The Federal Highway Administration recently issued “quick release” Emergency Relief or ER funds to the Colorado Department of Transportation and the District Department of Transportation of Washington, D.C., to pay for infrastructure repairs following, respectively, mudslides and a pedestrian bridge collapse.
[Above photo by the Colorado DOT]
The FHWA said in a statement that the $11.6 million in ER funds would reimburse Colorado DOT for the costs of fixing damage to Interstate 70 in Glenwood Canyon caused by mudslides. The Colorado DOT said in a statement that it requested a total of $116 million in federal aid to help it repair the damage from those mudslides.
Between June 26 and July 28, the Colorado DOT closed I-70 – which handles an average of 17,000 vehicles per day, of which more than 2,200 are trucks – approximately 12 times for flash flood warnings.
Additional rainfall on July 29 caused extensive debris flows and forced the agency to keep sections of I-70 – from Exits 116 through 133 – closed between Glenwood Springs and Dotsero due to heavy mud inundation along with damage to the interstate deck and superstructure as well as the highway’s retaining walls along the Colorado River.
FHWA said the ER funds reimburses Colorado DOT for work related to re-opening I-70 to traffic – including the removal of material from I-70, stabilizing slopes, and conducting surveys and assessments of damage to structures. The funds will also go toward maintaining traffic safety along lengthy detour routes.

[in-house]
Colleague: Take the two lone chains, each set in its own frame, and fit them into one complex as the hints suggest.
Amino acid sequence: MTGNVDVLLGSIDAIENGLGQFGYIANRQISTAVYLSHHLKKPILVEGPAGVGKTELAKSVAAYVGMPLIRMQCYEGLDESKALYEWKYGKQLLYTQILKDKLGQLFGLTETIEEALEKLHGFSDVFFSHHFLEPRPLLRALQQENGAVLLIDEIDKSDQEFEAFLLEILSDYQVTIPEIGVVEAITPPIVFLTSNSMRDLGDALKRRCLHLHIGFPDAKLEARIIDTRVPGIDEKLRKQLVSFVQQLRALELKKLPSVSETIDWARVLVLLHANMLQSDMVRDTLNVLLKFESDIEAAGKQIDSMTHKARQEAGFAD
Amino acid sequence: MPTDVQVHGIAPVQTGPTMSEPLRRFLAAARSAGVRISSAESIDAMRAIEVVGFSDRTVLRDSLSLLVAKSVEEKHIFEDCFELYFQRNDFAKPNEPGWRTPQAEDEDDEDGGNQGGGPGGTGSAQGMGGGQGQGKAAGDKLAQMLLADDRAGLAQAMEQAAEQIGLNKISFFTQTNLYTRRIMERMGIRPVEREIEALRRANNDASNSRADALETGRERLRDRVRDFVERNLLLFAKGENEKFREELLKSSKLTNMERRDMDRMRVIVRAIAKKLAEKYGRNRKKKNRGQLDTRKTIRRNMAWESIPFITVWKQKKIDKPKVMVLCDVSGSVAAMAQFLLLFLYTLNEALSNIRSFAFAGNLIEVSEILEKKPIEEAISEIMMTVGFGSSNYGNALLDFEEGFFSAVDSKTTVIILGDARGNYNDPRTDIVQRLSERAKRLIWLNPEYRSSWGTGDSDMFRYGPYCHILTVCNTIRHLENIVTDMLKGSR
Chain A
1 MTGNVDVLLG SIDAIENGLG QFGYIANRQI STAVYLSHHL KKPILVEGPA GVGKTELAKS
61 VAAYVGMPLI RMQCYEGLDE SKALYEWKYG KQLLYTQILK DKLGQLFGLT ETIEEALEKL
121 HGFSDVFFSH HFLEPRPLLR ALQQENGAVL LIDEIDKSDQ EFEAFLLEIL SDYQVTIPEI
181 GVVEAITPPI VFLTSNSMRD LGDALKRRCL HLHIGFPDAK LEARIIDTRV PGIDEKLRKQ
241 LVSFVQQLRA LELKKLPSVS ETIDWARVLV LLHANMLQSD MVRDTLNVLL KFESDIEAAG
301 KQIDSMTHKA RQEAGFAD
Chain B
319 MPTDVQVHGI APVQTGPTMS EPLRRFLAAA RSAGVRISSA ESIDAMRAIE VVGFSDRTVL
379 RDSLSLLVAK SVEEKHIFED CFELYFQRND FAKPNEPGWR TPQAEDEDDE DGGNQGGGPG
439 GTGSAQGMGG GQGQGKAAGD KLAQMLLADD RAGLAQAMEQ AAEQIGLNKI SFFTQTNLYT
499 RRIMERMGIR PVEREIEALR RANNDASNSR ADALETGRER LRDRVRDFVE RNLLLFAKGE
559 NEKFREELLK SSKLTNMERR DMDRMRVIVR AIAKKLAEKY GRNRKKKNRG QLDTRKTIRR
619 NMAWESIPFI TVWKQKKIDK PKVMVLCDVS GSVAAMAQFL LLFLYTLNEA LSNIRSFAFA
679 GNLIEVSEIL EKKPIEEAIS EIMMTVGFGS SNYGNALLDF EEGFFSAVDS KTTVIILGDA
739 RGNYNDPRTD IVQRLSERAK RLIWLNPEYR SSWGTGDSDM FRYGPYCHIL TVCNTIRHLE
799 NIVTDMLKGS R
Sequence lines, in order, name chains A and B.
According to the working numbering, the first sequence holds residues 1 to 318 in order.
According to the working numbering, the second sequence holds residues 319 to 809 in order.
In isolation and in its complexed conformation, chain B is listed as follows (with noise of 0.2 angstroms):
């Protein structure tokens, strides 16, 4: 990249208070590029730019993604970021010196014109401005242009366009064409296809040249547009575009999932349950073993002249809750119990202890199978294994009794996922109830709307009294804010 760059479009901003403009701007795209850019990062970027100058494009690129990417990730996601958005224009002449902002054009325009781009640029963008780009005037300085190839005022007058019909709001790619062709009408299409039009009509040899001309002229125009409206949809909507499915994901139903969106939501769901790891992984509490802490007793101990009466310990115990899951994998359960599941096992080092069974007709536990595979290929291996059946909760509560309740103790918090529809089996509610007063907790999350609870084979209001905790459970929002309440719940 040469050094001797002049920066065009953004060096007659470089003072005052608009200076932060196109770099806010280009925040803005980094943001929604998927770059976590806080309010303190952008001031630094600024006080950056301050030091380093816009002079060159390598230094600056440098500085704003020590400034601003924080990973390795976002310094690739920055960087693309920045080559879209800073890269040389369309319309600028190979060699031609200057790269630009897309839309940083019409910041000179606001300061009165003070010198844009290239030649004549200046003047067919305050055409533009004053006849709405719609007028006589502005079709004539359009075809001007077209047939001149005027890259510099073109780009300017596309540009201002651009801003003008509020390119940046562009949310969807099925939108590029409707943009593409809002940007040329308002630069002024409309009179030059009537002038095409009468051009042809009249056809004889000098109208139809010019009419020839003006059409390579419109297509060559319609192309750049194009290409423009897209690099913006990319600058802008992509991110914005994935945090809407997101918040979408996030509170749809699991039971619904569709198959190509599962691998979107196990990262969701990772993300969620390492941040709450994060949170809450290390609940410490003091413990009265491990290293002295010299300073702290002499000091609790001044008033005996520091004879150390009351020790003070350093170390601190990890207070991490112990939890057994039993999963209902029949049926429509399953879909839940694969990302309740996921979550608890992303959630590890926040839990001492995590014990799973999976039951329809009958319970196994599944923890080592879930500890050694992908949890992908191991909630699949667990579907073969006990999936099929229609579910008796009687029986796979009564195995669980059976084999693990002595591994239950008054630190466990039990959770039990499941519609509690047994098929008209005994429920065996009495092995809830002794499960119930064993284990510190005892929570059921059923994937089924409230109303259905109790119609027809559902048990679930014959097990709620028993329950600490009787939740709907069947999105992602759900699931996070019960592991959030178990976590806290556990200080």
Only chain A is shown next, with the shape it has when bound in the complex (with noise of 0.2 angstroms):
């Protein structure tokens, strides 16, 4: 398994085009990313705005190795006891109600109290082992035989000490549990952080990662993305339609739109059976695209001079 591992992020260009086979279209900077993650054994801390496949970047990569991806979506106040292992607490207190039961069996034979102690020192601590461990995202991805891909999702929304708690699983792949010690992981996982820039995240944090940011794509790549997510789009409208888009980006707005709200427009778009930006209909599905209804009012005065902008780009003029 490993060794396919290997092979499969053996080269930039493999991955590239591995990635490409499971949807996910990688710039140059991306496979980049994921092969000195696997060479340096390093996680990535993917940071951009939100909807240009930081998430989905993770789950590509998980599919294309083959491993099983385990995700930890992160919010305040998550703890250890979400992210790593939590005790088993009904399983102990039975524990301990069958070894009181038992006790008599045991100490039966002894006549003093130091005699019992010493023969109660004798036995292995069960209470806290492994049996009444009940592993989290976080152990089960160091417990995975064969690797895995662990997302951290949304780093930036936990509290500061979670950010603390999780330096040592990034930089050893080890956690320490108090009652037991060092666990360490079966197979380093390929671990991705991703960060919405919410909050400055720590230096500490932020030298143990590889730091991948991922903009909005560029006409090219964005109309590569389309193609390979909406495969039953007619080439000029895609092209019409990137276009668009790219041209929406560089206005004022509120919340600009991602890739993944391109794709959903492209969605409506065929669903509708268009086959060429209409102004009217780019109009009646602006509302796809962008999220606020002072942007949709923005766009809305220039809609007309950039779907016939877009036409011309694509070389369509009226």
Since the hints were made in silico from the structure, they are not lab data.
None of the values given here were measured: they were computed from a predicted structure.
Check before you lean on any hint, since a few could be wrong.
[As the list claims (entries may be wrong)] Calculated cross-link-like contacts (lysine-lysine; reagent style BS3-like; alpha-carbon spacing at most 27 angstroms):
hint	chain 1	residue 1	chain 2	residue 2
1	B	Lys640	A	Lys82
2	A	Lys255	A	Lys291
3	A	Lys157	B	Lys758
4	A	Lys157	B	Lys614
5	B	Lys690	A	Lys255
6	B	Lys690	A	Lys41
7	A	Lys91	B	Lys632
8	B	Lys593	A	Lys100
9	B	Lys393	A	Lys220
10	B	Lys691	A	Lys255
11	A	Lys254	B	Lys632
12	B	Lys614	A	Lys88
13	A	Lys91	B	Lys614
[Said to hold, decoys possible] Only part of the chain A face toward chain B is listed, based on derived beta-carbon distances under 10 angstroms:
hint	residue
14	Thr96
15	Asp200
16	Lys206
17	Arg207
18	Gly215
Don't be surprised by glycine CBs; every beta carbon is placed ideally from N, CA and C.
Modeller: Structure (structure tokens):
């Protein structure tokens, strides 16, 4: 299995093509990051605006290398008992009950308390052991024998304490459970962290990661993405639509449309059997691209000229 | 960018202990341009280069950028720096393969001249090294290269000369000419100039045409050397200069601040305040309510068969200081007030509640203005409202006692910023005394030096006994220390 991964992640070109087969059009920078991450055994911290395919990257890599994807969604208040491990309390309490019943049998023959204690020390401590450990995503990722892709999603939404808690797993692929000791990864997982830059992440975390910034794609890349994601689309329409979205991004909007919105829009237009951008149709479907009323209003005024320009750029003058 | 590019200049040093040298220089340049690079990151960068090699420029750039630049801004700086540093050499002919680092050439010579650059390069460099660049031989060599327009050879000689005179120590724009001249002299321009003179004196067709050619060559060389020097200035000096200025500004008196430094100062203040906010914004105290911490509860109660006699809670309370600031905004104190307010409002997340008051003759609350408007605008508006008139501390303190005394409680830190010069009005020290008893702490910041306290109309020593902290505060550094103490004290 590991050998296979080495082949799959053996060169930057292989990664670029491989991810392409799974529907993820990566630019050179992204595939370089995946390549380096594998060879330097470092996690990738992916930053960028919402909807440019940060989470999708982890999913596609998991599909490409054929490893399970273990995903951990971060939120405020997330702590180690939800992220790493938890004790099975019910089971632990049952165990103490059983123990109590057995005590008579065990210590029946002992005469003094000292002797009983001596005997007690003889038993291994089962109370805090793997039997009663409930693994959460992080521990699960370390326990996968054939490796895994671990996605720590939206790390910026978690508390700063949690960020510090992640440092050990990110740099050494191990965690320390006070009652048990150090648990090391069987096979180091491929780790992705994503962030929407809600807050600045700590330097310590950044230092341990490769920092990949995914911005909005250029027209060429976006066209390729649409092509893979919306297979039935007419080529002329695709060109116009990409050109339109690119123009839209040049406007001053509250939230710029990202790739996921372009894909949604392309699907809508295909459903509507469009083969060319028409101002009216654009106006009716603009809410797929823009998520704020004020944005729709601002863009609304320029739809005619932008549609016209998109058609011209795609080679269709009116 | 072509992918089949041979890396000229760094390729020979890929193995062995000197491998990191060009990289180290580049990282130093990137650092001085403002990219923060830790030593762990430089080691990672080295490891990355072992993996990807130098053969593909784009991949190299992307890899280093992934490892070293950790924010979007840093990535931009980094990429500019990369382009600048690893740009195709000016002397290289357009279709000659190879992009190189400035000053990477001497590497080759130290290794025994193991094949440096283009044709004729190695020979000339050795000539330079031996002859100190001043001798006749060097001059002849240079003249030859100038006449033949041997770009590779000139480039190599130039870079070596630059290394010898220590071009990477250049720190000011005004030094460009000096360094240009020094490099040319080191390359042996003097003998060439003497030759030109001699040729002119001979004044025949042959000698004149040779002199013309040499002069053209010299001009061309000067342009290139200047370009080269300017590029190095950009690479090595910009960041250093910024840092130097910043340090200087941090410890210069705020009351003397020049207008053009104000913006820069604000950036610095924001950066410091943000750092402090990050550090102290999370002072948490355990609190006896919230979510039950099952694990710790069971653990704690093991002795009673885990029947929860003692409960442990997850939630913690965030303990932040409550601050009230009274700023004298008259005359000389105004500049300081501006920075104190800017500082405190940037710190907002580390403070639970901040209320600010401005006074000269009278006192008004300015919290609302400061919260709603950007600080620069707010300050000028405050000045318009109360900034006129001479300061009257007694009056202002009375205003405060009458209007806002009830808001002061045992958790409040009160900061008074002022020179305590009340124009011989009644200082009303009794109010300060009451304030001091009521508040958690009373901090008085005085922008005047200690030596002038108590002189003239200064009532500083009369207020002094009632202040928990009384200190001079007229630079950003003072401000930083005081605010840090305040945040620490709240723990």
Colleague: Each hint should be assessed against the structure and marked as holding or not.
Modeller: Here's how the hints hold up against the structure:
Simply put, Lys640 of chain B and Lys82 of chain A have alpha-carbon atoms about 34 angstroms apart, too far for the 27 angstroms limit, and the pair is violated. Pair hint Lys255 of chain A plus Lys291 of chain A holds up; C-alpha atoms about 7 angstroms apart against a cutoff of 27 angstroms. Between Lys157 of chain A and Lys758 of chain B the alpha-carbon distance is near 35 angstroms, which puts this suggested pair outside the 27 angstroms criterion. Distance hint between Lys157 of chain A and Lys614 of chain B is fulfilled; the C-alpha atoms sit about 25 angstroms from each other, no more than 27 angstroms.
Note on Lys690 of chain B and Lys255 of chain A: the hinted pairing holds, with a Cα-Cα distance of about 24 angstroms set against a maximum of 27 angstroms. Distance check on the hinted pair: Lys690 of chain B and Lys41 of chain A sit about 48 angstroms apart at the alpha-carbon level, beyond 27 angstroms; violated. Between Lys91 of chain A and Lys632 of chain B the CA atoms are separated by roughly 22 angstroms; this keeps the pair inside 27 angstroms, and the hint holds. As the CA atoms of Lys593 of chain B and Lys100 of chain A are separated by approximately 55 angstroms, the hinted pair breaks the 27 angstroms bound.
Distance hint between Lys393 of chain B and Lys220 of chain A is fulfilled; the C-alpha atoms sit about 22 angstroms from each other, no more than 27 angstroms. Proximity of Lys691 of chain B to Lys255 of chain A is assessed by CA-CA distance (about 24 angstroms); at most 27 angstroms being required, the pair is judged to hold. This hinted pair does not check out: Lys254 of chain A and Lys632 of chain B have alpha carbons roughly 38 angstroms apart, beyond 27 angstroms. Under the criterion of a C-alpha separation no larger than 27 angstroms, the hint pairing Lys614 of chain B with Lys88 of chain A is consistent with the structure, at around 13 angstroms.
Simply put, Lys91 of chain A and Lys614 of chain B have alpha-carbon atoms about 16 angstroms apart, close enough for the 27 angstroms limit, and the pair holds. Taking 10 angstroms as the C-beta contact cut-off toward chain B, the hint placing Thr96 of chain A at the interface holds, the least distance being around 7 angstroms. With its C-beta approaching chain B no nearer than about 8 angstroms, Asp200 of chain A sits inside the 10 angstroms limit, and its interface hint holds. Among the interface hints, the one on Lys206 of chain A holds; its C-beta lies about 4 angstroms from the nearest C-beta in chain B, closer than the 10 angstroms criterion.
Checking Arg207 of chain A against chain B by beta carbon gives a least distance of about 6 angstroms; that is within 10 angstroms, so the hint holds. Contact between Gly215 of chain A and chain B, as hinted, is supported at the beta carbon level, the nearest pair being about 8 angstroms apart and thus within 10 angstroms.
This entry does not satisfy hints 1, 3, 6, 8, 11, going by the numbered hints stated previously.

Meanwhile, the FHWA issued the District DOT $1 million in ER funds to cover some of the costs associated with the collapse of the Lane Place Bridge over Route 295.
A truck struck that pedestrian bridge in Northeast Washington on June 23, causing the structure to collapse from the impact. FHWA noted in a statement that the Lane Place Bridge serves as a vital connection for residents of the Kenilworth neighborhood to access transit, including the Deanwood and Minnesota Ave Metro Stations. It also connects residents to businesses, schools, and churches located on both sides of the six-lane highway.
FHWA added that those ER funds would reimburse the District of Columbia DOT for the costs of demolition, cleanup and other repair work in the area of the bridge.
Those funds also will help expedite efforts to replace what is left of the 65-year-old Lane Place Bridge with one that will meet current design standards and be safer and more accessible. The current cost estimate for such a replacement bridge is $26 million, FHWA said.